Coal will continue to be a significant contributor to Australia’s economy long beyond 2030, according to the country’s resources minister, despite a United Nations envoy urging the country to phase out fossil fuel.
Climate change would severely harm Australia’s economy unless more efforts are made to reduce coal use, according to Selwin Hart, the UN special adviser on climate change, who spoke in Canberra on Sunday. On Monday, Australia made the announcement.
Australia is the world’s third-largest emitter per capita, with coal accounting for almost 60% of its electricity output. Its conservative administration has persistently supported the fossil fuel industry, claiming that harsher emissions regulations would result in job losses.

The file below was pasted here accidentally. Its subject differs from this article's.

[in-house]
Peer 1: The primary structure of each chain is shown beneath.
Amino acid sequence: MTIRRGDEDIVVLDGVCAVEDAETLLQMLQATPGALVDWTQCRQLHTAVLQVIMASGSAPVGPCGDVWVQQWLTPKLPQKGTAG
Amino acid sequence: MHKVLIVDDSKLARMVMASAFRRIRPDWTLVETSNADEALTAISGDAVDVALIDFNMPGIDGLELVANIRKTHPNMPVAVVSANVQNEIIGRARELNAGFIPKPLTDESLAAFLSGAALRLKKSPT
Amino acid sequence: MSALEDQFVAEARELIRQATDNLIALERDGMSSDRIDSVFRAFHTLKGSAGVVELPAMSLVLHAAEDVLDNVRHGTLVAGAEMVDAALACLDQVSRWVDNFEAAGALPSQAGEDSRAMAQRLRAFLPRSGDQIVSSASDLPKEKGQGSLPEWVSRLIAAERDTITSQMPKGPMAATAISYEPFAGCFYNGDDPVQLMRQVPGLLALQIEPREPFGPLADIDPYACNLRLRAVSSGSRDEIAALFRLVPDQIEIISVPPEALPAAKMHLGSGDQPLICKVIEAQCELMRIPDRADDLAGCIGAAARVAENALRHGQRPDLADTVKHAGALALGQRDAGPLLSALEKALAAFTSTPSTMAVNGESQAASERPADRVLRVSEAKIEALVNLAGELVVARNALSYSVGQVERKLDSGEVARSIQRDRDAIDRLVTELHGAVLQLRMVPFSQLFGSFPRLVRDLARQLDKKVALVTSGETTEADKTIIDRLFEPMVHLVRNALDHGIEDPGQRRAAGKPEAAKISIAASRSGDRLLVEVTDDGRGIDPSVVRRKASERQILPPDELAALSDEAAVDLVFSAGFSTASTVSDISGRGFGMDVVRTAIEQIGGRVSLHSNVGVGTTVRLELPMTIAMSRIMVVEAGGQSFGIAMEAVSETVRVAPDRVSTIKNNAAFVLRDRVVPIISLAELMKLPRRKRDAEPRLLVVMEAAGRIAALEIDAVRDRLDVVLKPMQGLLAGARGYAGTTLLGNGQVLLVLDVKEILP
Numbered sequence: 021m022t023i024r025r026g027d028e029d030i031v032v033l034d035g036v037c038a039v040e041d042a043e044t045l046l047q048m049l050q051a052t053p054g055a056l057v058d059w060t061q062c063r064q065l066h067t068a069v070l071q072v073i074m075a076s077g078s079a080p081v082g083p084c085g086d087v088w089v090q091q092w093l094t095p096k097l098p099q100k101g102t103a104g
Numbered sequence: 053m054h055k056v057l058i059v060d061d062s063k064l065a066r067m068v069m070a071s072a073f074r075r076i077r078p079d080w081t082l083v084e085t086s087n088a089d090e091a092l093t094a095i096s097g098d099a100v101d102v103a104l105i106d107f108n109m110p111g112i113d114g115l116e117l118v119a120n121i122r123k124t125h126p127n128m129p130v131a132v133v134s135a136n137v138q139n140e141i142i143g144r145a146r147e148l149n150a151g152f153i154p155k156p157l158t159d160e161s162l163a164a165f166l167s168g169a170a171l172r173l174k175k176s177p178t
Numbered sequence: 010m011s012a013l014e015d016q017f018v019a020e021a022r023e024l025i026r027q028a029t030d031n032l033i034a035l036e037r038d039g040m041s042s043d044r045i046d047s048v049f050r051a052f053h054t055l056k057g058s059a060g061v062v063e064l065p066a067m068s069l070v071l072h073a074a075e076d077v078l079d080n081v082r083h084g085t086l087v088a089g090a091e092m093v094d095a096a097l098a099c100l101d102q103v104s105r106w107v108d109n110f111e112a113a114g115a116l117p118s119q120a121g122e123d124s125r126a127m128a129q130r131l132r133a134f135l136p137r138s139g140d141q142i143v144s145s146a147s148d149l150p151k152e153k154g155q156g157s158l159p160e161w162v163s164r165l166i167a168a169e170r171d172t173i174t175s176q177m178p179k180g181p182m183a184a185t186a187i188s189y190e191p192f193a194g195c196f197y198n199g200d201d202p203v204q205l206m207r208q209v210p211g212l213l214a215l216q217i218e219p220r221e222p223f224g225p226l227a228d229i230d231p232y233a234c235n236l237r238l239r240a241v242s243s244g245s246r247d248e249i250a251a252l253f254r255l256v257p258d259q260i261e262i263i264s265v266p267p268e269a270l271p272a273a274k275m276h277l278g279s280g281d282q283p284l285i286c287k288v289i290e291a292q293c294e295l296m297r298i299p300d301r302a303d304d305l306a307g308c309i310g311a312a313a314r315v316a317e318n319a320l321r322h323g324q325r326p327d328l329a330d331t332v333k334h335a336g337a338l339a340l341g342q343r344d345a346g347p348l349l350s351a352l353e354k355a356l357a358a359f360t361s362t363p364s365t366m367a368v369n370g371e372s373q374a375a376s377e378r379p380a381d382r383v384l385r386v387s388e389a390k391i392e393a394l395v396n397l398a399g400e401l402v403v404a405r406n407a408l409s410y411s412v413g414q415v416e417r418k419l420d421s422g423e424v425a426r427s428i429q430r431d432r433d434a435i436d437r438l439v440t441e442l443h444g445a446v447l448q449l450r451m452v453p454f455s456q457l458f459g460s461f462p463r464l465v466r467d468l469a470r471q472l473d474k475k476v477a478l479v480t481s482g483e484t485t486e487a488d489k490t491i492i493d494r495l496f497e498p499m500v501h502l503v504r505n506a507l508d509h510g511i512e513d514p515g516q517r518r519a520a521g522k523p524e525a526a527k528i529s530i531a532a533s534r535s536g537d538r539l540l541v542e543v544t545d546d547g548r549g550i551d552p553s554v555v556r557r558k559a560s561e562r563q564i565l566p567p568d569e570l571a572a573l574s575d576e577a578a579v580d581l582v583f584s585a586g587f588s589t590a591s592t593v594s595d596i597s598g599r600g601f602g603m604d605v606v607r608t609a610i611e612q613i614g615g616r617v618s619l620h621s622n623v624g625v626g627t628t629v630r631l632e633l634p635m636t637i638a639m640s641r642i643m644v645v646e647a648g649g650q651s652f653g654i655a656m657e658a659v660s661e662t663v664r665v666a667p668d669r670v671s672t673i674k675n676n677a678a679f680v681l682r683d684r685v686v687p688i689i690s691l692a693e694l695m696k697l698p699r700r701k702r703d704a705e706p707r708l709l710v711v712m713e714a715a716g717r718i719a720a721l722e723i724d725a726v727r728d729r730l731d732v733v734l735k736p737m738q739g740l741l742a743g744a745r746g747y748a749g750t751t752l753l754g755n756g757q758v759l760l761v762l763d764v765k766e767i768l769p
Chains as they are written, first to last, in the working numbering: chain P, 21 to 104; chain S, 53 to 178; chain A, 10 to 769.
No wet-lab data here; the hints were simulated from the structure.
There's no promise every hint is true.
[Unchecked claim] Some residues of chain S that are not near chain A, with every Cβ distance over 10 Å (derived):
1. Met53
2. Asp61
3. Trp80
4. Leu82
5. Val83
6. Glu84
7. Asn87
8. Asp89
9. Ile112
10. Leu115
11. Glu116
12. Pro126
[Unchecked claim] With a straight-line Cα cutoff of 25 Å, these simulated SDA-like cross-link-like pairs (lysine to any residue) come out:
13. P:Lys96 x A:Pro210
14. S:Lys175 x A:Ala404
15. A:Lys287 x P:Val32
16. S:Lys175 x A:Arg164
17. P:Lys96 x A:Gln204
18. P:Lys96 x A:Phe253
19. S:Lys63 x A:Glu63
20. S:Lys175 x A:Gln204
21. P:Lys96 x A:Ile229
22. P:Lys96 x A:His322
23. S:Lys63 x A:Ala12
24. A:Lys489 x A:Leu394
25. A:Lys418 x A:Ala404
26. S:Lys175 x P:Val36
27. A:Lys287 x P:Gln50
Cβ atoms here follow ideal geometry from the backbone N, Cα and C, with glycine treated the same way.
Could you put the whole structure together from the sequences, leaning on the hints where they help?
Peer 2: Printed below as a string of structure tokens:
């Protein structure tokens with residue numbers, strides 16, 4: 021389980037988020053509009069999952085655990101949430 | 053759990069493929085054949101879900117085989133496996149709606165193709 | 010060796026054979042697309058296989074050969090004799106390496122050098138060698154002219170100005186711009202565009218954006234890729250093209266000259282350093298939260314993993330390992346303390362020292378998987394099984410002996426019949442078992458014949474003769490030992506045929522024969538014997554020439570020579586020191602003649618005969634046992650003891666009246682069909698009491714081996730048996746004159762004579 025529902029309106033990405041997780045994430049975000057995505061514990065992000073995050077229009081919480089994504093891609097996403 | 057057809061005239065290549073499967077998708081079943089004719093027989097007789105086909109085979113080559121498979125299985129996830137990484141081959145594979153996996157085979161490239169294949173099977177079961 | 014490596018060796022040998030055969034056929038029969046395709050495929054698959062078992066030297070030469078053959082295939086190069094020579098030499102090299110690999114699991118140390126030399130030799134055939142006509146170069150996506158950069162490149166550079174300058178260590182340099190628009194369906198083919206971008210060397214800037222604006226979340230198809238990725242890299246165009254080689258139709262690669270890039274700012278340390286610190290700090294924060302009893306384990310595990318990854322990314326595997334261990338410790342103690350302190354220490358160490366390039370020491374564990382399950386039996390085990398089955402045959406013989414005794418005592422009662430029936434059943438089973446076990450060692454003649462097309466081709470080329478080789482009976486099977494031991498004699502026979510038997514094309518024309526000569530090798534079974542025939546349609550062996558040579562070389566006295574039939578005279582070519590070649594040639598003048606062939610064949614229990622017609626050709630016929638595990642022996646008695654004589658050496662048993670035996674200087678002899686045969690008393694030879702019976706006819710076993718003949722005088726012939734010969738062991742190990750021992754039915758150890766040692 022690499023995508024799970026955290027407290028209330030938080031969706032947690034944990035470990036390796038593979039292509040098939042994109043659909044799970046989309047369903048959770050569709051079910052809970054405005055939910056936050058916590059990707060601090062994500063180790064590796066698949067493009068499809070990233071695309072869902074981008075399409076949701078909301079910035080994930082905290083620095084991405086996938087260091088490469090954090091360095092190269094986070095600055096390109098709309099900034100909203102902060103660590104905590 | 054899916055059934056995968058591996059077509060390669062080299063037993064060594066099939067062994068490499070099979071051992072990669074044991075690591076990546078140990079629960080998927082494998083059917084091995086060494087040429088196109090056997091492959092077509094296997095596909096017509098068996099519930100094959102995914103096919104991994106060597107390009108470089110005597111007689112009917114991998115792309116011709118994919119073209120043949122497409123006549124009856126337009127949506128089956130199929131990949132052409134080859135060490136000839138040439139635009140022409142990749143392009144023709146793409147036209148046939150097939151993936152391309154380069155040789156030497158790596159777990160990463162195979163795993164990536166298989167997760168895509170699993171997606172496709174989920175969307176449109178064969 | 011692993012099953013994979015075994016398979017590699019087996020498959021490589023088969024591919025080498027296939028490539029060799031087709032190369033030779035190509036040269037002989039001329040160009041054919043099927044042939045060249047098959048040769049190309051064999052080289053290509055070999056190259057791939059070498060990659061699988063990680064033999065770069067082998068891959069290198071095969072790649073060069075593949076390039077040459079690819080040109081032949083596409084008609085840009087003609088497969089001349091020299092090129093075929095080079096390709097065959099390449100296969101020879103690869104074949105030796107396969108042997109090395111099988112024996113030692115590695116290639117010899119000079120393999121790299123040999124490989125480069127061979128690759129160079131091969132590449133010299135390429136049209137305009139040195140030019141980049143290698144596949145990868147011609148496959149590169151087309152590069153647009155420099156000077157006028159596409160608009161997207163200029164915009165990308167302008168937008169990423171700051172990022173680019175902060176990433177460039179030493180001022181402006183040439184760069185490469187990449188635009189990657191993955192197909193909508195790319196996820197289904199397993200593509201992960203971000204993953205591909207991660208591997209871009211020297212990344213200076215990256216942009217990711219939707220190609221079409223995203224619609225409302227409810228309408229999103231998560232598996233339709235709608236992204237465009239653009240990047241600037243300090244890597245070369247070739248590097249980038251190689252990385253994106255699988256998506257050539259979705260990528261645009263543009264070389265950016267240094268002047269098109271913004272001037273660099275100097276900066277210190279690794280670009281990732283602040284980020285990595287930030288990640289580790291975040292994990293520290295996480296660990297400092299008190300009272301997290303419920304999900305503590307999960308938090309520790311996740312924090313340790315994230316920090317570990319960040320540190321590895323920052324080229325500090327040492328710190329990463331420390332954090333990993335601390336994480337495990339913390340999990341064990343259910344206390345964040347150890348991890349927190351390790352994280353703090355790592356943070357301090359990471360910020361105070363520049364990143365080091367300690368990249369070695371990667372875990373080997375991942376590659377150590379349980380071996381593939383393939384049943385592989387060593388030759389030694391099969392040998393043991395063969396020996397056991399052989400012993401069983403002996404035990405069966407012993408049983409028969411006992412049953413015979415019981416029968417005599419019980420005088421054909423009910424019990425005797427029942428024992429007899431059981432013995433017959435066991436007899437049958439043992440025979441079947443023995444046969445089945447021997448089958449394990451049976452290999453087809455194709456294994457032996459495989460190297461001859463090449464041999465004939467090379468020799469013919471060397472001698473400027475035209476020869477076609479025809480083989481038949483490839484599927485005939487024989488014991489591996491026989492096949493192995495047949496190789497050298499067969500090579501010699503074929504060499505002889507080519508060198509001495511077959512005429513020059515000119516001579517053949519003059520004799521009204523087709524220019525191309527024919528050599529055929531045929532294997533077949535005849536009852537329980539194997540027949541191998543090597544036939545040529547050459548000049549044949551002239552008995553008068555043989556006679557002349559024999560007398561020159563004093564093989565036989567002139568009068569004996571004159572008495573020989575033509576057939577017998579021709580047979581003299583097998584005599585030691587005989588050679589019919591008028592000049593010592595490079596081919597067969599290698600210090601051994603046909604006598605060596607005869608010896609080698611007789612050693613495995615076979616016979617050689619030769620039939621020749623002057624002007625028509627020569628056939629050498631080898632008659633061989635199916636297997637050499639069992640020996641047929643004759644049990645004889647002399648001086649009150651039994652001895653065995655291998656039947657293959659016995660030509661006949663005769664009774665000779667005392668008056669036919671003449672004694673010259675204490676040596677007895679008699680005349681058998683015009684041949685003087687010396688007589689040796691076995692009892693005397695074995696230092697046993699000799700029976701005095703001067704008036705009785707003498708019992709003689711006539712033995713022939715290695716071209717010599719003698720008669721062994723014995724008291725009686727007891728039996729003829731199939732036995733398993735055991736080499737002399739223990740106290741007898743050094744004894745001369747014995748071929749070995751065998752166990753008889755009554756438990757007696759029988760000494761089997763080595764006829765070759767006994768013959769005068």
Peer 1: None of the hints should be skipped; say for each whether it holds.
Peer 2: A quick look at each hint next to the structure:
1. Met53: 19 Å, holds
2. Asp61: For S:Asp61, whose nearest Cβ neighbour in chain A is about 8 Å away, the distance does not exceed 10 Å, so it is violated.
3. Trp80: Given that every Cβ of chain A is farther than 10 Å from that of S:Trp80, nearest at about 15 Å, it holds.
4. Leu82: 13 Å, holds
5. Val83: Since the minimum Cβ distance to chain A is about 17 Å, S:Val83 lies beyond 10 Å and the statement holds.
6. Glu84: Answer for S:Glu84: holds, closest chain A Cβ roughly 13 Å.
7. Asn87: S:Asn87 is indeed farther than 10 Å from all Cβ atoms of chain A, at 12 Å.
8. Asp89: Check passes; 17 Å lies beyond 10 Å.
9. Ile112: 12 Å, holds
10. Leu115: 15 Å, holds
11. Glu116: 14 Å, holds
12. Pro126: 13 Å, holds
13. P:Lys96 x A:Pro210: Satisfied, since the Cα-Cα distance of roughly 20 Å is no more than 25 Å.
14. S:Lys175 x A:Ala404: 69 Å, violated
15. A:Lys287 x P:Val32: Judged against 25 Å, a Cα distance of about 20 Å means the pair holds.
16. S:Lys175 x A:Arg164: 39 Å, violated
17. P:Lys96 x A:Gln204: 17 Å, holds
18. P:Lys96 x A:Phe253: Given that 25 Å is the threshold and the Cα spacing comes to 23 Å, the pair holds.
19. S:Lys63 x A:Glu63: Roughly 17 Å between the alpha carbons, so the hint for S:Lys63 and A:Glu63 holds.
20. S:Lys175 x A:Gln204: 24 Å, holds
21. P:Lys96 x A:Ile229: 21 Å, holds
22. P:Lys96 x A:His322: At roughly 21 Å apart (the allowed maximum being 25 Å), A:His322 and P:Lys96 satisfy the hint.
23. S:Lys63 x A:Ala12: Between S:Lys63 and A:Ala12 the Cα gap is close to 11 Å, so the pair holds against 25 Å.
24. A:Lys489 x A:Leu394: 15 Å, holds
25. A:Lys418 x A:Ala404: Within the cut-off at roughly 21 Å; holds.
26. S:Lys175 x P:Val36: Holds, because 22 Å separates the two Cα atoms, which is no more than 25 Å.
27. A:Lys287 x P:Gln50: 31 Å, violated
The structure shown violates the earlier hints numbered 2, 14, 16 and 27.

According to Australia’s newest export data, “the reports of coal’s impending death are greatly exaggerated and its future is assured well beyond 2030,” according to Resources Minister Keith Pitt.
The United Nations has asked for coal to be phased out by 2030 in nations that are members of the Organisation for Economic Cooperation and Development, including Australia.
The Group of 20 leading economies’ energy and environment ministers failed to reach an agreement in July to phase out coal by 2025. However, other experts believe that progress could be made during the UN climate negotiations in Glasgow in November.
Prime Minister Scott Morrison has stated that Australia is on track to achieve net-zero carbon emissions, but he has not specified a timeframe. Before the Glasgow discussions, he stated that Australia would adjust its 2030 emissions projections.